You'll need a drill for boring a hole into the tree for the spout. I prefer a hand bit brace drill or hand auger drill (the one that resembles a crank), but a battery powered drill can work well too if it is powerful enough. And you'll need a sharp 7/16-inch drill bit for the standard size taps.

Trees must be at least 10 inches in diameter (31 inches in circumference) in order to tap them. Otherwise it will produce too little sap and could damage the tree. The tree should be measured at a point 4-1/2 or more feet above the ground. Trees more than 20 inches in diameter (64 inches in circumference), can support two taps, and trees more than 25 inches, (79 inches in circumference), three taps. You should never use more than three spouts in one tree.

First year tapping can be done at just about anywhere on the tree, but you may want to select the shady side if you won't be routinely emptying your pails. Warm sap spoils more quickly, (see storage instructions, below). Tapping of the same tree in subsequent years should not be done in the same area as previous taps--that is, not directly above or below the previous tap--and it should be at least six inches higher or lower. Drill in a clean area of the tree with smooth healthy bark where possible. Do not drill into a section of the tree that appears damaged or dead.

The hole should be drilled at a slight upward angle to a depth of 1 1/2 inches. Clean the hole well so that it doesn't get clogged or emit wood particles into the sap. Flushing with fresh water works well; I use a new cooking (turkey) baster and a pail of clean water, and I blast the clean water into the hole before tapping the spout into the tree.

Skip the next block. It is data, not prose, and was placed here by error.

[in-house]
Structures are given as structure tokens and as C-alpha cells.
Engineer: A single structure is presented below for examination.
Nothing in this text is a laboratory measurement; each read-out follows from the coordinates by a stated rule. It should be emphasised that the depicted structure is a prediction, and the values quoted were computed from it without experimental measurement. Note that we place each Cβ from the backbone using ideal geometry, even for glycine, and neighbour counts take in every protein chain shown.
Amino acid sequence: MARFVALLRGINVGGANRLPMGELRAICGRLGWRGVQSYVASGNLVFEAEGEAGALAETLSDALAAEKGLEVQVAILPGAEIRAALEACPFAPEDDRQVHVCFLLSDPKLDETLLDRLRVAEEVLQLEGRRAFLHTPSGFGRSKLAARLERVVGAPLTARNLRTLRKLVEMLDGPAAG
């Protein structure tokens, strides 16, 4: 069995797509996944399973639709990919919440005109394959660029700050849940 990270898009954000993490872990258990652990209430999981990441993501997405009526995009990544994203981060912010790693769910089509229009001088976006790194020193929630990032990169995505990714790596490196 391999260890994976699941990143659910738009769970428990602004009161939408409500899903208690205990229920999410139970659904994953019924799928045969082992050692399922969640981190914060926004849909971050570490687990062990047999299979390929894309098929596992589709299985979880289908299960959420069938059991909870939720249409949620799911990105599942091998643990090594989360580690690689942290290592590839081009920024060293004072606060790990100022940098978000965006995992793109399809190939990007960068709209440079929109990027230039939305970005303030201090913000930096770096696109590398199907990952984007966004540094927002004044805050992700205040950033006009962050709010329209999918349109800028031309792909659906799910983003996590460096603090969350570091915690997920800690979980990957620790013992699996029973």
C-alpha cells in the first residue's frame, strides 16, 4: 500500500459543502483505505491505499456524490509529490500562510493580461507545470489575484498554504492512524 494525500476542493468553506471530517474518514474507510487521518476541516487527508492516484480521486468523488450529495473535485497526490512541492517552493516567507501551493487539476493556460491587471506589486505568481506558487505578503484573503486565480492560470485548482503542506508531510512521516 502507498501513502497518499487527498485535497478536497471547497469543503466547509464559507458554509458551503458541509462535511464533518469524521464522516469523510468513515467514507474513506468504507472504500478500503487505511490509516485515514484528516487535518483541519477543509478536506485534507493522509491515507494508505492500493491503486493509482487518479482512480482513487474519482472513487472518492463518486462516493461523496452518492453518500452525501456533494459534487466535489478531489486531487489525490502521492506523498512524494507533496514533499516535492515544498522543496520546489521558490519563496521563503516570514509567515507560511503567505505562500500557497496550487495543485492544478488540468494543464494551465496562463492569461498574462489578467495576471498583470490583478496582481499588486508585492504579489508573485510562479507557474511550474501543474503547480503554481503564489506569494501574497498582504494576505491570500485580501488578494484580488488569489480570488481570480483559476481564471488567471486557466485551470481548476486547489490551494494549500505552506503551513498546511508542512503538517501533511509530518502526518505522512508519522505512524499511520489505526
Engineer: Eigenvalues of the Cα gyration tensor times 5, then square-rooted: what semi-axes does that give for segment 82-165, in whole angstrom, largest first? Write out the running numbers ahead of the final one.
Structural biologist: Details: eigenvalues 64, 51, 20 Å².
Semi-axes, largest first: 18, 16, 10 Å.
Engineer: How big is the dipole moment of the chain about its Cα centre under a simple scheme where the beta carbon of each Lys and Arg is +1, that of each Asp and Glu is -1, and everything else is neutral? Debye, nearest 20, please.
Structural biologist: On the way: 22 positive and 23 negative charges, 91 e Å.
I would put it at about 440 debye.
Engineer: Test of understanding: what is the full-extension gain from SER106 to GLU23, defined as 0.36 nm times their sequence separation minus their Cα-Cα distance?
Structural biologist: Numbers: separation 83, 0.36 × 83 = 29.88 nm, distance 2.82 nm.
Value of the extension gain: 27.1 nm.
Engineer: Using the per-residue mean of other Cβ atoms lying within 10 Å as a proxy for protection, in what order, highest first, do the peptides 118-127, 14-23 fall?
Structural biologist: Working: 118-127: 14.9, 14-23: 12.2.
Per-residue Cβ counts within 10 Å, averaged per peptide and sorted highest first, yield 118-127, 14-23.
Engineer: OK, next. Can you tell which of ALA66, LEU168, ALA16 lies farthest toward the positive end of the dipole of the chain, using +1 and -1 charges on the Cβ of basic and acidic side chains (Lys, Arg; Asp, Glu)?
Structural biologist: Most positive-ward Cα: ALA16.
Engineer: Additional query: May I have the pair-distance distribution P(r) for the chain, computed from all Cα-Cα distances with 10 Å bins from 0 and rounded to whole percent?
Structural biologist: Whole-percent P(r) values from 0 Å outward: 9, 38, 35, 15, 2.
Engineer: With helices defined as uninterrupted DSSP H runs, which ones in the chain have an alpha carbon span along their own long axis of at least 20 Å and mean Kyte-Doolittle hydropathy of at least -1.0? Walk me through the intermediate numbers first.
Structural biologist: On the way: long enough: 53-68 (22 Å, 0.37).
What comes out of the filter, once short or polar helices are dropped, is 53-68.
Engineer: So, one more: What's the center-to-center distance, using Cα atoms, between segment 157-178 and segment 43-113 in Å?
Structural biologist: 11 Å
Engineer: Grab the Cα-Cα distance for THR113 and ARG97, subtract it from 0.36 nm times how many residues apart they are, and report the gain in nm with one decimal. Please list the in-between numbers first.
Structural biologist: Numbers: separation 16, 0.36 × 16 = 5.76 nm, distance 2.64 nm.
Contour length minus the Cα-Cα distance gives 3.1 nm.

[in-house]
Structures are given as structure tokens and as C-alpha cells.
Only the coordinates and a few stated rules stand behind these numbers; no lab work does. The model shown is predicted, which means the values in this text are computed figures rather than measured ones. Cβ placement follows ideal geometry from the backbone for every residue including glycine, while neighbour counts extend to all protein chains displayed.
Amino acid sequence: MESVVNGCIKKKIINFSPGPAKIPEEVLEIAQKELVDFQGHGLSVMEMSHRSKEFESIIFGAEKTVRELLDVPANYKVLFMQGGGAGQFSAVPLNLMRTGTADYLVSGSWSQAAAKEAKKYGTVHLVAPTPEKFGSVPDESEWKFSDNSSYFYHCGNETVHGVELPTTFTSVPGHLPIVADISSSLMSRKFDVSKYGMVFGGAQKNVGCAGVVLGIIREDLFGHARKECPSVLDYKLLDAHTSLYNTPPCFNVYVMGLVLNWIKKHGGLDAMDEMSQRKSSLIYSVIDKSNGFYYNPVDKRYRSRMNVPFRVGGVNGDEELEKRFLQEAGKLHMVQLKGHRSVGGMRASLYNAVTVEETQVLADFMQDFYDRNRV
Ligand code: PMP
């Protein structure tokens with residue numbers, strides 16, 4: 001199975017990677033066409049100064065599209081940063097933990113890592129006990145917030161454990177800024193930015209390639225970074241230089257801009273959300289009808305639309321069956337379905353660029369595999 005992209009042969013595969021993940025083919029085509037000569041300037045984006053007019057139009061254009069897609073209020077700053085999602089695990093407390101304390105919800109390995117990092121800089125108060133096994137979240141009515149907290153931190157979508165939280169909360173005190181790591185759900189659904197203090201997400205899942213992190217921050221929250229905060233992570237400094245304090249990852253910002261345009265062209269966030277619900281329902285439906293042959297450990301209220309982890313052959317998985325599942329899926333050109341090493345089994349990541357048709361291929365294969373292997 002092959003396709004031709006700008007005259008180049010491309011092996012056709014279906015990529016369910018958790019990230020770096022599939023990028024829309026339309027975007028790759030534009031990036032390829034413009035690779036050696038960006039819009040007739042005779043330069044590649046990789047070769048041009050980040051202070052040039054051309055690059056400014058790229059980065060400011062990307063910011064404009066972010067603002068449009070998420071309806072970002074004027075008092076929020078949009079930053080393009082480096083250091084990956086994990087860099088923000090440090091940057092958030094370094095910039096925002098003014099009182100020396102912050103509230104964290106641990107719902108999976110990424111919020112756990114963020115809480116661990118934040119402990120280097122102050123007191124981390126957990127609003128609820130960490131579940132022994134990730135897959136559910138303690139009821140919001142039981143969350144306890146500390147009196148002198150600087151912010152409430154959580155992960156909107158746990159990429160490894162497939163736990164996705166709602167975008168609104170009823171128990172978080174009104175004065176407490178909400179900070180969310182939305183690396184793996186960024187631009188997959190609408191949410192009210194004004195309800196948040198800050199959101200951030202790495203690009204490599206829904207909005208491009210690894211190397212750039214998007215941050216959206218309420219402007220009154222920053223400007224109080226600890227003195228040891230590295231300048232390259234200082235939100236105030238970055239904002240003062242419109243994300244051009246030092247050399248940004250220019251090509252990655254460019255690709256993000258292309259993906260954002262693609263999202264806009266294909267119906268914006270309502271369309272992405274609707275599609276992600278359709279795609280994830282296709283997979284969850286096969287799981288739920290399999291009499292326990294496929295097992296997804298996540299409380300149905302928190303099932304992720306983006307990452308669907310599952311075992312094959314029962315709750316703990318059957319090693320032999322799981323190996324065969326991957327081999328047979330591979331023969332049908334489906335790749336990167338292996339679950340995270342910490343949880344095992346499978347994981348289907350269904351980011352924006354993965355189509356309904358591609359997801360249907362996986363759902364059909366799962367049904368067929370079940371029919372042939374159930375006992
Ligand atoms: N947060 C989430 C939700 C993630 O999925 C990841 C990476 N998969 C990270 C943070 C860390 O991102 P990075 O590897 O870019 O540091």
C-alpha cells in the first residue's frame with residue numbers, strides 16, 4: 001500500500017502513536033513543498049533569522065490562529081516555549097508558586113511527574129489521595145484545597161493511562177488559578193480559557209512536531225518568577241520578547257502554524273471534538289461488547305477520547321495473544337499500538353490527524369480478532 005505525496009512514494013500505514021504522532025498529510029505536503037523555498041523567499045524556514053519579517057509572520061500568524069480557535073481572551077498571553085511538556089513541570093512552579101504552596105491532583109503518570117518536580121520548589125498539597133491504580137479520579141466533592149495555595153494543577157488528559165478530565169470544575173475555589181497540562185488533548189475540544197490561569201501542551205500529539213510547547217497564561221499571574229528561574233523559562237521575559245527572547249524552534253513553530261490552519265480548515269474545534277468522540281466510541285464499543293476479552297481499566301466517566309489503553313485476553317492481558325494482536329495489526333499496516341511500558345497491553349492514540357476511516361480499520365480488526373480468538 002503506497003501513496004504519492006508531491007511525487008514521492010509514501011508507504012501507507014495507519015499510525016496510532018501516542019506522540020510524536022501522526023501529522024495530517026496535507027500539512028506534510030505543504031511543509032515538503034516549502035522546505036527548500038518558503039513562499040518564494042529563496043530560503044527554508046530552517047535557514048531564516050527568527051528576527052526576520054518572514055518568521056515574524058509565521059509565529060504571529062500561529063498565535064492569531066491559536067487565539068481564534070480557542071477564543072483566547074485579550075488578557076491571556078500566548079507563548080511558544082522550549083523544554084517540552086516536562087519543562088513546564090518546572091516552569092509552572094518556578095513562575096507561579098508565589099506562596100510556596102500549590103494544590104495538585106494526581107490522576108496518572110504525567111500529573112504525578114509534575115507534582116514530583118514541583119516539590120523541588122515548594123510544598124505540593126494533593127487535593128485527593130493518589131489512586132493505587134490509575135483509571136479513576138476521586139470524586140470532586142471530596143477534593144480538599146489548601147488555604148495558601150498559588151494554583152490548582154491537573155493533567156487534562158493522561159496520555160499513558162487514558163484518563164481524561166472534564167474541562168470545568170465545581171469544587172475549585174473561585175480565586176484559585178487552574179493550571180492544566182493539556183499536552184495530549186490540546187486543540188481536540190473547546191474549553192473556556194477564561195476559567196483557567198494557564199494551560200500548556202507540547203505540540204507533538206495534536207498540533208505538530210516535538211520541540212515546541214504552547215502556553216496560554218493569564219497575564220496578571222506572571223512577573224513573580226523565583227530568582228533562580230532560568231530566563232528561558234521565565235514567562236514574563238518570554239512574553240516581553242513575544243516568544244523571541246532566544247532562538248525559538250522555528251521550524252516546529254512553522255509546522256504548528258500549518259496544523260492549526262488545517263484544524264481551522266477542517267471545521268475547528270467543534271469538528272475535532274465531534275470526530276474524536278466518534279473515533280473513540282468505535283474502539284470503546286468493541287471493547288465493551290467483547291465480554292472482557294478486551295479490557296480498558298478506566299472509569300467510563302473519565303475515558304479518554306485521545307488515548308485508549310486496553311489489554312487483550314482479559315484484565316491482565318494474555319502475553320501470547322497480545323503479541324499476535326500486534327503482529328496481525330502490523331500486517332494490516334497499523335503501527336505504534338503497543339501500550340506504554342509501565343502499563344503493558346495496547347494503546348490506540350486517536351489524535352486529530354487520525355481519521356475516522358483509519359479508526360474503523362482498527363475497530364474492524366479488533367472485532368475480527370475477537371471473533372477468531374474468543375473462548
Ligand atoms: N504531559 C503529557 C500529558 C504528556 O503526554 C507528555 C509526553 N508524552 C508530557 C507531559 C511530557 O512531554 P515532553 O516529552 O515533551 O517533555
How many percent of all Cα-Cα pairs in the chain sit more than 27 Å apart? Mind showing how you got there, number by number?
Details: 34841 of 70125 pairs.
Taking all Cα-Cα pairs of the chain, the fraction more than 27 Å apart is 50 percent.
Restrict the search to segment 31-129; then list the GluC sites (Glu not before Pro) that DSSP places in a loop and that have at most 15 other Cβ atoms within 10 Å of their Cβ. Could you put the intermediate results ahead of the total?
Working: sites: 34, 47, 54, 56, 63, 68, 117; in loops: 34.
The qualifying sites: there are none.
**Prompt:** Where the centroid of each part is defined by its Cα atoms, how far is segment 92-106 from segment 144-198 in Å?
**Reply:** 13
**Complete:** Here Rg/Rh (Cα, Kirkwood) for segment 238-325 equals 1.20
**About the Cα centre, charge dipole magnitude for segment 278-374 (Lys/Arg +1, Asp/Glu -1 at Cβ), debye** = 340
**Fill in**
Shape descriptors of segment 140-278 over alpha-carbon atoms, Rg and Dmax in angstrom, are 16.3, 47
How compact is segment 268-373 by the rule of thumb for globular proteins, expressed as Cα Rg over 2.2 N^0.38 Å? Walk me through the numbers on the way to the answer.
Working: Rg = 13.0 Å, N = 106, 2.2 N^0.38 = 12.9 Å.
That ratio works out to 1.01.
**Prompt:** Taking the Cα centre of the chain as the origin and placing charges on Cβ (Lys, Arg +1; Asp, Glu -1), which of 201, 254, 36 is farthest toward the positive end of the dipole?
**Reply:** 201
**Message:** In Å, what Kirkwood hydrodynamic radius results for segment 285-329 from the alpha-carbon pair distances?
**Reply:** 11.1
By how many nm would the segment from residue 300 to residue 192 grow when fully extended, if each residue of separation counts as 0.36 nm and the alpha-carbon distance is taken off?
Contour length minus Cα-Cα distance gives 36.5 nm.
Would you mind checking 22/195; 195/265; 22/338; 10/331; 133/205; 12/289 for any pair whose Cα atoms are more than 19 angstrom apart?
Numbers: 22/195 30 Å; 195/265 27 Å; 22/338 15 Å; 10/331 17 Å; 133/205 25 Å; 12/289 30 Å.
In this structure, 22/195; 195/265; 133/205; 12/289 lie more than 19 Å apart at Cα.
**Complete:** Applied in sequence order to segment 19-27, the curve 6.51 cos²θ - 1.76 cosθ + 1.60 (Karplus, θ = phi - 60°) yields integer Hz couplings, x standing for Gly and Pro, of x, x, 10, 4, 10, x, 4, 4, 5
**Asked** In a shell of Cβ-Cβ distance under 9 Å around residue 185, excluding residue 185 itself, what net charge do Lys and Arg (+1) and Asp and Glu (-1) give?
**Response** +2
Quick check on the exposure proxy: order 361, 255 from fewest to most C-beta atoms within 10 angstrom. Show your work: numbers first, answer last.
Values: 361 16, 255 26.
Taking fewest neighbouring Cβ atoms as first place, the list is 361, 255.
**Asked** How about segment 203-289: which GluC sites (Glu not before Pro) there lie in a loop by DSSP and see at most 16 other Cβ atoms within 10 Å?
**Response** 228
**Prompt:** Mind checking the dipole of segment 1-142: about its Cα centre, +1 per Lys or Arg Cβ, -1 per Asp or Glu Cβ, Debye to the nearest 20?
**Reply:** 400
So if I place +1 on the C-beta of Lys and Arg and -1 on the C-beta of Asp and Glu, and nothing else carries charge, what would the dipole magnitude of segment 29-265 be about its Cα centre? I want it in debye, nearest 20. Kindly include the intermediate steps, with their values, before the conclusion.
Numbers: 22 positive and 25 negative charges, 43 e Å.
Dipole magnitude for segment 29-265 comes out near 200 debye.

Lightly tap the spout into the tree with a small hammer. Don't pound too hard, since this may split the tree causing permanent damage, yet hard enough so that you can't easily pull the spout out. Remember that you will be removing the tap in a month or two and you don't want that to be difficult. You should do your tapping on warm days, as doing this on days that are below freezing risks splitting or damaging the tree.

Determining exactly when to begin your sap collection isn't too difficult really. You should begin after the harsh coldness of winter is about over, when the days are warming to above freezing. Sugaring season may last from four to six weeks or more, so once you begin, you're essentially committed to it for the duration. If you are unsure when to begin, you can simply use my method of "cheating." There are two sugar houses within 10 miles of my house, and I begin my drive-by observations when I think the time is getting close. If the pails are out on their trees, then it's time for me to begin. Sometimes I just call them and ask if they are boiling yet. You can likely find several sugar houses in your own area.

Sap collection

The sap will accumulate gradually during the warm days, a drop at a time. You may find that if the days are not warm enough, the sap will stop flowing completely and then continue days later as the weather warms again.

I collect my sap daily and add it to larger storage pails for later boiling. I have come home some days to find my tap pails overflowing, so you'll want to collect your sap often when it is "running."